The striking juxtaposition of the preternaturally perfect Angelina Jolie, waifish in a ghostly gown, and the scrappy Pakistani schoolgirl Malala, her face cruelly misshapen by a Taliban bullet, captures the confluence of feminine power assembled to "lean on" the world to save women and girls.
Not lean in, as you've heard incessantly the past few weeks, referring to Facebook executive Sheryl Sandberg's book about empowering already empowered women. Tina Brown, supernova of her own galaxy, wants the civilized world to lean on governments and corporations to scrape women and girls off the dirt floors of their man-made prisons.
Brown's fourth annual "Women in the World" summit at Lincoln Center last week is testament to what one woman can do to change the world. This summit and those assembled -- courageous women and girls who struggle for basic human rights -- would convert even the most committed cynic into a born-again feminist.
This confab isn't about getting women into country clubs; it's about letting girls go to school without risking a bullet to the head. It's about letting women leave their homes to go to market. It's about changing cultures that treat women like animals and saving them from honor killings and abuse.
At dinner, I sat next to a tiny woman I recognized from Jody Hassett Sanchez's human trafficking documentary, "Sold." Sunitha Krishnan is a former Hindu nun who rescues little girls and women from the sex slave trade in India with little help and dangerous recognition. Though she has been beaten for her work, she perseveres for such beneficiaries as the 8-year-old girl who was locked in a room with a snake until she submitted to prostitution.
Our conversation circled around why more Americans don't care about honor killings, and systematic rape and human trafficking of women, girls and even little boys. Perhaps it is in part tragedy fatigue, I suggested. These stories are so overwhelmingly awful that emotional exhaustion sets in.
True, but when you save one woman, you save an entire family. Eventually, you save a village, and a society and finally a nation. More to our immediate interest, women's security elsewhere corresponds directly to our own security.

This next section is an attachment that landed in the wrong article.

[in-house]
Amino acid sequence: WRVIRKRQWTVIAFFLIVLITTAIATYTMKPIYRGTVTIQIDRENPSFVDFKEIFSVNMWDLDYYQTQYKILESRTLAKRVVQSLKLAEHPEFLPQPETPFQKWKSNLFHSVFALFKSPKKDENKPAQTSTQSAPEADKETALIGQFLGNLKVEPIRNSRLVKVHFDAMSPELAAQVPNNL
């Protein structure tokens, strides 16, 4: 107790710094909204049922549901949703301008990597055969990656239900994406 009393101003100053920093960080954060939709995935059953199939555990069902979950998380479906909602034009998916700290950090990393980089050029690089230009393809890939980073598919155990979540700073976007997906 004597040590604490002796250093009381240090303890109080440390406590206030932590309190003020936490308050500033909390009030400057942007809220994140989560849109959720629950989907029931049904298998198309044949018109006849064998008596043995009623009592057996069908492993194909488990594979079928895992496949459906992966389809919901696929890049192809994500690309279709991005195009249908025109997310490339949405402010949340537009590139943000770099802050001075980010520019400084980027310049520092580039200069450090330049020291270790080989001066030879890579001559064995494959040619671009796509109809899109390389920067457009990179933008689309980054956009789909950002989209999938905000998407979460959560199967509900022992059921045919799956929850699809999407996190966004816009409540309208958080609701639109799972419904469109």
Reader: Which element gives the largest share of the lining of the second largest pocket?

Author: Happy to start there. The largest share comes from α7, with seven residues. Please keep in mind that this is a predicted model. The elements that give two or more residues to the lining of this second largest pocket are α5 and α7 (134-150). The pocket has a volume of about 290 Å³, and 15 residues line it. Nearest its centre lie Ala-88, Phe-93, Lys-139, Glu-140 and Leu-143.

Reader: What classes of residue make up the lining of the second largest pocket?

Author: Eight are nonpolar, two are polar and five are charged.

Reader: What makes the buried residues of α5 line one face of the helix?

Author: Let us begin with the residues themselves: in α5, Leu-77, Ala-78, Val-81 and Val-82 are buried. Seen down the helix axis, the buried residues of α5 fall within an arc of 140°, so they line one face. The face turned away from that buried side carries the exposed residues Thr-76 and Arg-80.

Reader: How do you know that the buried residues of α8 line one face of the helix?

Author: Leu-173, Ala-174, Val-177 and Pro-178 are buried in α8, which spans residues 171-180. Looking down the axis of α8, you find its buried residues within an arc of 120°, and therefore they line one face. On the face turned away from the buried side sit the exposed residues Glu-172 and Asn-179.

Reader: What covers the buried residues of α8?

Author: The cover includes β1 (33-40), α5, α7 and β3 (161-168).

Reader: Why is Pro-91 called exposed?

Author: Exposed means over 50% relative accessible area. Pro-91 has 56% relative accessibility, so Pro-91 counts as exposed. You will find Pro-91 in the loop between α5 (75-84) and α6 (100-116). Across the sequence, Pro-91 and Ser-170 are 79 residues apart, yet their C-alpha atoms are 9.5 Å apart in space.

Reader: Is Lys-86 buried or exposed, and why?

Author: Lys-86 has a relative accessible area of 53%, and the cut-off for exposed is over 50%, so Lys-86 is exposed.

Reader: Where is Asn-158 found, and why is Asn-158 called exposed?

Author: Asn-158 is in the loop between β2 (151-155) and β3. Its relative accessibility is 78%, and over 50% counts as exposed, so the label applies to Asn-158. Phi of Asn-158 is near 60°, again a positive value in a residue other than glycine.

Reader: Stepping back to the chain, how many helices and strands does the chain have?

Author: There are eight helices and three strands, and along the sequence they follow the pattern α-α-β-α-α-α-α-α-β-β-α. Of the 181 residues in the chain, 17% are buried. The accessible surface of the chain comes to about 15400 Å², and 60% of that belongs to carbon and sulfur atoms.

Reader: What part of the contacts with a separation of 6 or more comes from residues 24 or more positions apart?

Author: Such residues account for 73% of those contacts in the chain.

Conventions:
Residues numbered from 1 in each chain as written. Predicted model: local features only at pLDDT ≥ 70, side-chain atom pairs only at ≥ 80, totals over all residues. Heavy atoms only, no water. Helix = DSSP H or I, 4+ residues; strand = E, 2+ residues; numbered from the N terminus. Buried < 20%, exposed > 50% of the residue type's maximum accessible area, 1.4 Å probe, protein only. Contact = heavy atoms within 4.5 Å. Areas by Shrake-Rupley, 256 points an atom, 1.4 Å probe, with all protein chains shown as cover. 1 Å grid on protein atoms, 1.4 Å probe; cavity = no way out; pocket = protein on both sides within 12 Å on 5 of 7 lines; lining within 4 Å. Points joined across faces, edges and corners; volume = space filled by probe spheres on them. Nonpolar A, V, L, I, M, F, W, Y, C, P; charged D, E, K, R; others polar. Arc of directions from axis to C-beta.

Former Secretary of State Hillary Clinton summed it up this way in remarks Friday at the summit: "It's no coincidence that so many of the countries that threaten regional and global peace are the very places where women and girls are deprived of dignity and opportunity."
Among the many inspirational speakers from around the world, two of the most captivating were young Pakistani women who became activists for girls' education, creating schools of their own, when they were just teenagers themselves. Oscar-winning documentary filmmaker Sharmeen Obaid Chinoy showed clips of one of the young women, a mere slip of a girl at the time, facing down village men, explaining to them that they thwart girls' education because they feel threatened by independent women.
Why should we care?
As Clinton stated way back in 1995 at the Women's Conference in Beijing, we should care because women are human beings, too. Yet even now, Clinton said Friday, "too many otherwise thoughtful people continue to see the fortunes of women and girls as somehow separate from society at large. They nod, they smile and then they relegate these issues once again to the sidelines."
Fighting for women and girls isn't "some luxury that we get to when we have time on our hands," said Clinton. "This is a core imperative for every human being and every society."
Amen, sister. Lean on.